Interview with Francois Leininger on the Concrete Marvel at 30 Warren
Dubbed as "new boutique condominiums," 30 Warren is an architectural feat that is transforming an entire block-front in Tribeca. French-based Post-Office Architectes is the firm behind this project who made the bold decision to pioneer a new form of architectural concrete to create 30 Warren's textured and ribbed facade. Co-founded by Francois Leininger, David Fagart and Line Fontana, we are excited to share some of the renderings from this modern marvel as well as an interview with Francois about his firm, the project and his illustrious career. Read on for more:
How did you get into architecture?
It was actually more of a last-minute decision. During my last year of high school I was speaking with an architectural student one night while she was working on a school assignment. I realized at that moment I wanted to be doing the same thing! I guess the interest was there all along, I just didn’t know it.
Tell us about your firm's U.S. debut with 30 Warren?
Our firm was given an incredible opportunity by our client, Cape Advisors. What could be a better way to make our introduction to the U.S. than by designing a ground-up new building on the corner of a Manhattan block in Tribeca? With this opportunity came a great responsibility, though, too. Our vision was a building that would be contemporary, precise and detailed, as well as artisanal and crafted. A building that would add a twist of poetry to the daily life of the neighborhood.
How is building different in NYC than in Paris?
Simply put, there isn’t an equivalent market right now in Paris. Developers do not have the same type of budgets for residential buildings, so we would not have been able to put as much focus and intention into the design of a similarly sized project and building in Paris.
What are some of the unique features of 30 Warren?
The building’s exterior is very unique. It is comprised of custom concrete panels that act as a skin and cover most of the building’s exterior. They are both technologically advanced as well as architecturally sophisticated. The panels are large planes of a deep gray ‘ultra-high performance’ concrete that have been cast on industrial corrugated cardboard rolls.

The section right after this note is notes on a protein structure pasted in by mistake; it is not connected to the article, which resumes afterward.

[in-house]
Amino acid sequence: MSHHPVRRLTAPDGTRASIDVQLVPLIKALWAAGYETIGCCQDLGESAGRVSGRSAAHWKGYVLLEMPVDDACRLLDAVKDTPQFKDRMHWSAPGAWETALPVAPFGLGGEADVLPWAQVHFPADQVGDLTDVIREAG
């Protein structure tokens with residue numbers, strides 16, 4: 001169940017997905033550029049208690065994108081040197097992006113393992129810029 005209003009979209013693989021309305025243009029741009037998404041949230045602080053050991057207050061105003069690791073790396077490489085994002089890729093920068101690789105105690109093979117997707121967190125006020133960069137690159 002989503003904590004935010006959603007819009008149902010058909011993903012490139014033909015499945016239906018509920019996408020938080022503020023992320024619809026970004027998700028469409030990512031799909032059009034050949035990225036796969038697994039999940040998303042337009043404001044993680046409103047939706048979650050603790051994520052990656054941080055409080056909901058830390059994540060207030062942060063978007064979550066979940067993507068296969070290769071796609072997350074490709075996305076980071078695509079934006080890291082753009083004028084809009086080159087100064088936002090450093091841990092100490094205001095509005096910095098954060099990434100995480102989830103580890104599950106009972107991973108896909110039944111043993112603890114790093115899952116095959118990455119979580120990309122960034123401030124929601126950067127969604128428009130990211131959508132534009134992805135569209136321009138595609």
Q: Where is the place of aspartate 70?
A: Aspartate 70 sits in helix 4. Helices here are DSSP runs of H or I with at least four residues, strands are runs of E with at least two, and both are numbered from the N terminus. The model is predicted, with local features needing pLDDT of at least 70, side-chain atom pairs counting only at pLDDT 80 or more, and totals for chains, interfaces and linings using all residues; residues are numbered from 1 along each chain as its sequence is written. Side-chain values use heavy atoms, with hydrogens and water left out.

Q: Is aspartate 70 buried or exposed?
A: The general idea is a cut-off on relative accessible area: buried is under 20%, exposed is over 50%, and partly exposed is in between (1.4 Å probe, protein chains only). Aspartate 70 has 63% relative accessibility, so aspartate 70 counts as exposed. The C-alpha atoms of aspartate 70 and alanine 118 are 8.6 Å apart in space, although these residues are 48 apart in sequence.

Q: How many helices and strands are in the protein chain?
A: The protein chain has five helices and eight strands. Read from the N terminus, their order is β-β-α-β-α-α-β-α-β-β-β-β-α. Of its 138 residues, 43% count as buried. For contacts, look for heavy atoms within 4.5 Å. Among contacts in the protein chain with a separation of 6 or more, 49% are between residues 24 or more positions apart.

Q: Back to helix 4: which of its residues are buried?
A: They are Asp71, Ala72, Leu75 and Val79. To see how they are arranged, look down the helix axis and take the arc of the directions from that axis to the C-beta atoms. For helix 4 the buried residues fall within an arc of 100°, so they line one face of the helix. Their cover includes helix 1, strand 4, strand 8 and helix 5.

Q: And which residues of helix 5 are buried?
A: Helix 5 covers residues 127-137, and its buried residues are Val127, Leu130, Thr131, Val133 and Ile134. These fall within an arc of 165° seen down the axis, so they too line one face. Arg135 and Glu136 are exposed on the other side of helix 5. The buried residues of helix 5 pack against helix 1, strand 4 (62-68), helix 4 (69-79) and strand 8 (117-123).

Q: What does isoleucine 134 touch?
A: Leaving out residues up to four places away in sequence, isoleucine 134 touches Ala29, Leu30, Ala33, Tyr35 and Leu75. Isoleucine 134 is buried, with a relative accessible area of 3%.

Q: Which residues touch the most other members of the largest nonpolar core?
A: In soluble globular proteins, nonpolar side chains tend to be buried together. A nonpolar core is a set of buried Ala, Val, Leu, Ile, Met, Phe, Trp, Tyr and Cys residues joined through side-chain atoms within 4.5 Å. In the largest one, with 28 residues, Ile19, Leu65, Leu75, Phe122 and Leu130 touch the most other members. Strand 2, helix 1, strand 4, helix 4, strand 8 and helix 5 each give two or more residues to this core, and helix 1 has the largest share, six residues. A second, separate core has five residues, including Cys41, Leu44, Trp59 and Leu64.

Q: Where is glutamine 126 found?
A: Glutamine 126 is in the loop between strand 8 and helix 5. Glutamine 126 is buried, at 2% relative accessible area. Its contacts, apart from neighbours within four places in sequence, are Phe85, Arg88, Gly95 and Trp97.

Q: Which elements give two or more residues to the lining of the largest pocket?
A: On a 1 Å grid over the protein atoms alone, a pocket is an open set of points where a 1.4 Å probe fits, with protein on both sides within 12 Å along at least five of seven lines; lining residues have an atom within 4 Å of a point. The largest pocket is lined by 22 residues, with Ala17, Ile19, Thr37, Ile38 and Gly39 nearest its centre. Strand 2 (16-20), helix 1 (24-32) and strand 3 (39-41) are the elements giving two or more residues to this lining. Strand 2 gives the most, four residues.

The result is very large, yet thin concrete panels that feature a crafted, ribbed texture. When combined they create a concrete ‘veil’ that is strong and light, as well as precise and handmade. We feel that the aesthetic is an appropriate response to the building’s location, which is near the historic cast-iron district.
What inspires you in your work?
When starting a project, we follow a certain method that consists of analyzing a client’s question or objective, the project’s location and the broader context (economic, technical, physical, sociological elements). We then use our analysis to begin formulating an answer to this question in the form of a concept. Because projects are so long, and inevitably include ups and downs and delays and changes, it is important to be able to come back to the original concept to ensure the central meaning of the project – whatever that is – does not get lost along the way. The original vision and meaning are integral to our inspiration. More generally, inspiration also comes from other fields. The performing arts, exhibitions of all kinds, literature and musicians are always great sources of inspiration, as is playing with my young daughter!
What's next for you?
Renovations, office spaces, a wooden house, a glass façade, a mixed-use building, participating in an architectural exhibition and an apartment for a dear friend. Excited for all of it!